Thirty years ago this past April an energy disaster took place that changed the history of the 20th century, writes the Journal's editor Don C Smith. Described as 'arguably the biggest single man-made disaster of any kind' in history, the Chernobyl nuclear power plant catastrophe would change the world in ways no one could have predicted on 26 April 1986. He reminds readers that a special edition of the Journal focusing on the IBA's Climate change justice: challenges and opportunities report is found in the first issue of 2016.
The article offers historical, political and legal analysis of the causes that led to the accident at the Chernobyl nuclear power plant (NPP) 30 years ago in April 1986. The authors consider a range of health, legal, social and political effects of the accident at the Chernobyl NPP, study the post-accident formation of the environmental rights movement and development of citizens' rights to environmental information enshrined in the 1990s in laws of Ukraine, Belarus and Russia, which suffered most from the accident at the Chernobyl NPP. The authors make a number of proposals for development of national and international law that will strengthen the guarantees of environmental human rights and processes of rehabilitation of ecological systems in Ukraine, Belarus and Russia affected by the accident at the Chernobyl NPP. The concept of development of the legal status of environmental refugees and ecological disaster zones is proposed as a separate lesson of the disaster.
In this article we explore the extent to which the South African mining industry can contribute to realising positive obligations stemming from socio-economic rights, and in particular, the right of access to water. Our hypothesis is that government, as the primary addressee of socio-economic rights obligations, is unable fully and on its own to realise the right of access to water in South Africa. Because of the ecological impact of mines on water resources and resultant socio-economic externalities that are passed on to society, we argue that mines must contribute to the South African transformative constitutional agenda by realising, albeit in a limited way, positive obligations related to the right of access to water. Our analysis is situated at the interface of three conceptual frameworks within which we theoretically embed the inquiry: the movement from government to governance and the involvement of non-state actors in governance tasks, corporate social responsibility, and human rights obligations of corporations. We suggest in the final instance that a practical way for mines to contribute to the realisation of the right of access to water could be through their statutorily prescribed social and labour plans.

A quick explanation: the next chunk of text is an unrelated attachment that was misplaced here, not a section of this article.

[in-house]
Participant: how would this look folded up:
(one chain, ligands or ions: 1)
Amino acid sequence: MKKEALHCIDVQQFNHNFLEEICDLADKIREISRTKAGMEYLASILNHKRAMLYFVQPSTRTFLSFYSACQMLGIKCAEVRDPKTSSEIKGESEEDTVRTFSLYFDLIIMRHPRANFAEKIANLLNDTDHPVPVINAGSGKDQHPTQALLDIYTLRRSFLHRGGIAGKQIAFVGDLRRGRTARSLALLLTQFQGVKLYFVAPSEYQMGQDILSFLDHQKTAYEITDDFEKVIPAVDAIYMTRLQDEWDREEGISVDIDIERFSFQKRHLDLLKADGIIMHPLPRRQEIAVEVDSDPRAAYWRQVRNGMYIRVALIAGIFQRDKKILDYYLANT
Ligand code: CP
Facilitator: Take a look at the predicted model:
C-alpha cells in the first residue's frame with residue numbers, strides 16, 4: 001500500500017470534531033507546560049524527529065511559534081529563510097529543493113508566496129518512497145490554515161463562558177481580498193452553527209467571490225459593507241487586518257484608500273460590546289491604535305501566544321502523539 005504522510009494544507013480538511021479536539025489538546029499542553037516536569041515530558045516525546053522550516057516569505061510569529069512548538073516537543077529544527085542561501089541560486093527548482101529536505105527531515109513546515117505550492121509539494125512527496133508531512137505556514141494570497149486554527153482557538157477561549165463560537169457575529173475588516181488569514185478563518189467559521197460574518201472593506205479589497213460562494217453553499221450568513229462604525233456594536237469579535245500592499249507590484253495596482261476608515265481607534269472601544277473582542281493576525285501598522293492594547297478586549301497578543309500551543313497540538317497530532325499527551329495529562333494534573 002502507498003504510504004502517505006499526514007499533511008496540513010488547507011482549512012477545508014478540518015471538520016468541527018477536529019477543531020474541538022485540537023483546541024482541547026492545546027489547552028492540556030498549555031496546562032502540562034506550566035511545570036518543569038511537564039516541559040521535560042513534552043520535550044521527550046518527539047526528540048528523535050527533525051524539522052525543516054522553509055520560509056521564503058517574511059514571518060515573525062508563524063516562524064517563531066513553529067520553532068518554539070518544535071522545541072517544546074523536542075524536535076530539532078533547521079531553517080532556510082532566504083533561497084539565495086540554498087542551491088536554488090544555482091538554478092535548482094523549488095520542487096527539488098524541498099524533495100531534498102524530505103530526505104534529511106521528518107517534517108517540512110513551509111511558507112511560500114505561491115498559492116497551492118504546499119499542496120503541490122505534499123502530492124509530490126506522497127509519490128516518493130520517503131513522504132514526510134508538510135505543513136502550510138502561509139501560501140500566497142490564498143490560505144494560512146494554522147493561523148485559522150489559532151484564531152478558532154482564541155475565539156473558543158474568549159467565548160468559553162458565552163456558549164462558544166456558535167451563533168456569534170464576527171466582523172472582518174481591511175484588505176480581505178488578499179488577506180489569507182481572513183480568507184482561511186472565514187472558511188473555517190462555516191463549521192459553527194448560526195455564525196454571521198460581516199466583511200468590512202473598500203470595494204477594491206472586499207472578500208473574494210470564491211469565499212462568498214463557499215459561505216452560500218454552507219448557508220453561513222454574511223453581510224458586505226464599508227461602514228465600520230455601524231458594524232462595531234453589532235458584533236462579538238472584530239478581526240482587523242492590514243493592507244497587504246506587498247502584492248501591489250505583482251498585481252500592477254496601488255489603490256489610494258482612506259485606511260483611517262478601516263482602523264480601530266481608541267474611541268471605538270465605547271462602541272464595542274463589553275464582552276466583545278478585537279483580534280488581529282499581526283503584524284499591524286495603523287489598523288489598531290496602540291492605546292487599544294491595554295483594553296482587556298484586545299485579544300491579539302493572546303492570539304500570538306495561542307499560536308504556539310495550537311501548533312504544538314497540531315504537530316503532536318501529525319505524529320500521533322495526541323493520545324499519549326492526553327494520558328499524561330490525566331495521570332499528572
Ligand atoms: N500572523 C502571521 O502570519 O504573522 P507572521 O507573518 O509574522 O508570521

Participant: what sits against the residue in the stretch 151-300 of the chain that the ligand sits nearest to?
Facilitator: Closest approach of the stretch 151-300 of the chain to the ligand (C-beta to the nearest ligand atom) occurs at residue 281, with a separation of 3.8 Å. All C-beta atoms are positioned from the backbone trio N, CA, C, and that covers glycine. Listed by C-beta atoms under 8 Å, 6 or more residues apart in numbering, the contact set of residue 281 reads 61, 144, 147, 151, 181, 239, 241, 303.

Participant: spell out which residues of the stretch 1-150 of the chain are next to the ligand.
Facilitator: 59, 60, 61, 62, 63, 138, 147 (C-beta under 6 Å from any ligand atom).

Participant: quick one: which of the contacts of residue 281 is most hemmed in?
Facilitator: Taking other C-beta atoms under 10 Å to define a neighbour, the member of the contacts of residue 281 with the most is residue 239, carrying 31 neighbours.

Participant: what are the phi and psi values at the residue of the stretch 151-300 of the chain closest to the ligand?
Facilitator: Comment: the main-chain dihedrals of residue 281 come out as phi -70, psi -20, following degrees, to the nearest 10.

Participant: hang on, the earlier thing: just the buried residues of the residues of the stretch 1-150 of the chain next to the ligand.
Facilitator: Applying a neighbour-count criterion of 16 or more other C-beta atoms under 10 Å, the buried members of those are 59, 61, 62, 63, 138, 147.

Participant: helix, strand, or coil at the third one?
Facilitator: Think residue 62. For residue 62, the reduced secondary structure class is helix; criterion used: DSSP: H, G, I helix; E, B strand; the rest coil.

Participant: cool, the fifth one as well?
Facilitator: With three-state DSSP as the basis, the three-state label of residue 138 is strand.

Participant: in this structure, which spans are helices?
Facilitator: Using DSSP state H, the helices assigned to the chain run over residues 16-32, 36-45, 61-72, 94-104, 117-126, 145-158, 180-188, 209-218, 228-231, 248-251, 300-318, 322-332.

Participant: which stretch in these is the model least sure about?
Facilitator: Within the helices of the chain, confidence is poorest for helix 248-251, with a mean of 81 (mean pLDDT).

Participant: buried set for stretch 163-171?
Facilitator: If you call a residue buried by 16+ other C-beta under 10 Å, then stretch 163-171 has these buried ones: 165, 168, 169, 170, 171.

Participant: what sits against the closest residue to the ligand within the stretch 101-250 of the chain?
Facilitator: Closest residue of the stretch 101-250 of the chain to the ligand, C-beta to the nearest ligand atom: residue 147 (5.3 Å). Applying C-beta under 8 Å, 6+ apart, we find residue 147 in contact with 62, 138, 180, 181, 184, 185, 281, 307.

The centrepiece of this paper is Ghana's Public Interest and Accountability Committee with empirical details of its politics of institutional choice and outcomes. The Committee is hailed as a model of 'bottom-up' reform and one of the principal reasons why Ghana is likely to circumvent a 'resource curse' situation associated with its petroleum resources. Far from this optimism, this article outlines key technocratic, political and other structural barriers that have undermined the Committee's profile as a transformative instrument in the oil industry. It draws attention to the limitations of technocratic administrative fixes imposed by in-country and sectoral dynamics.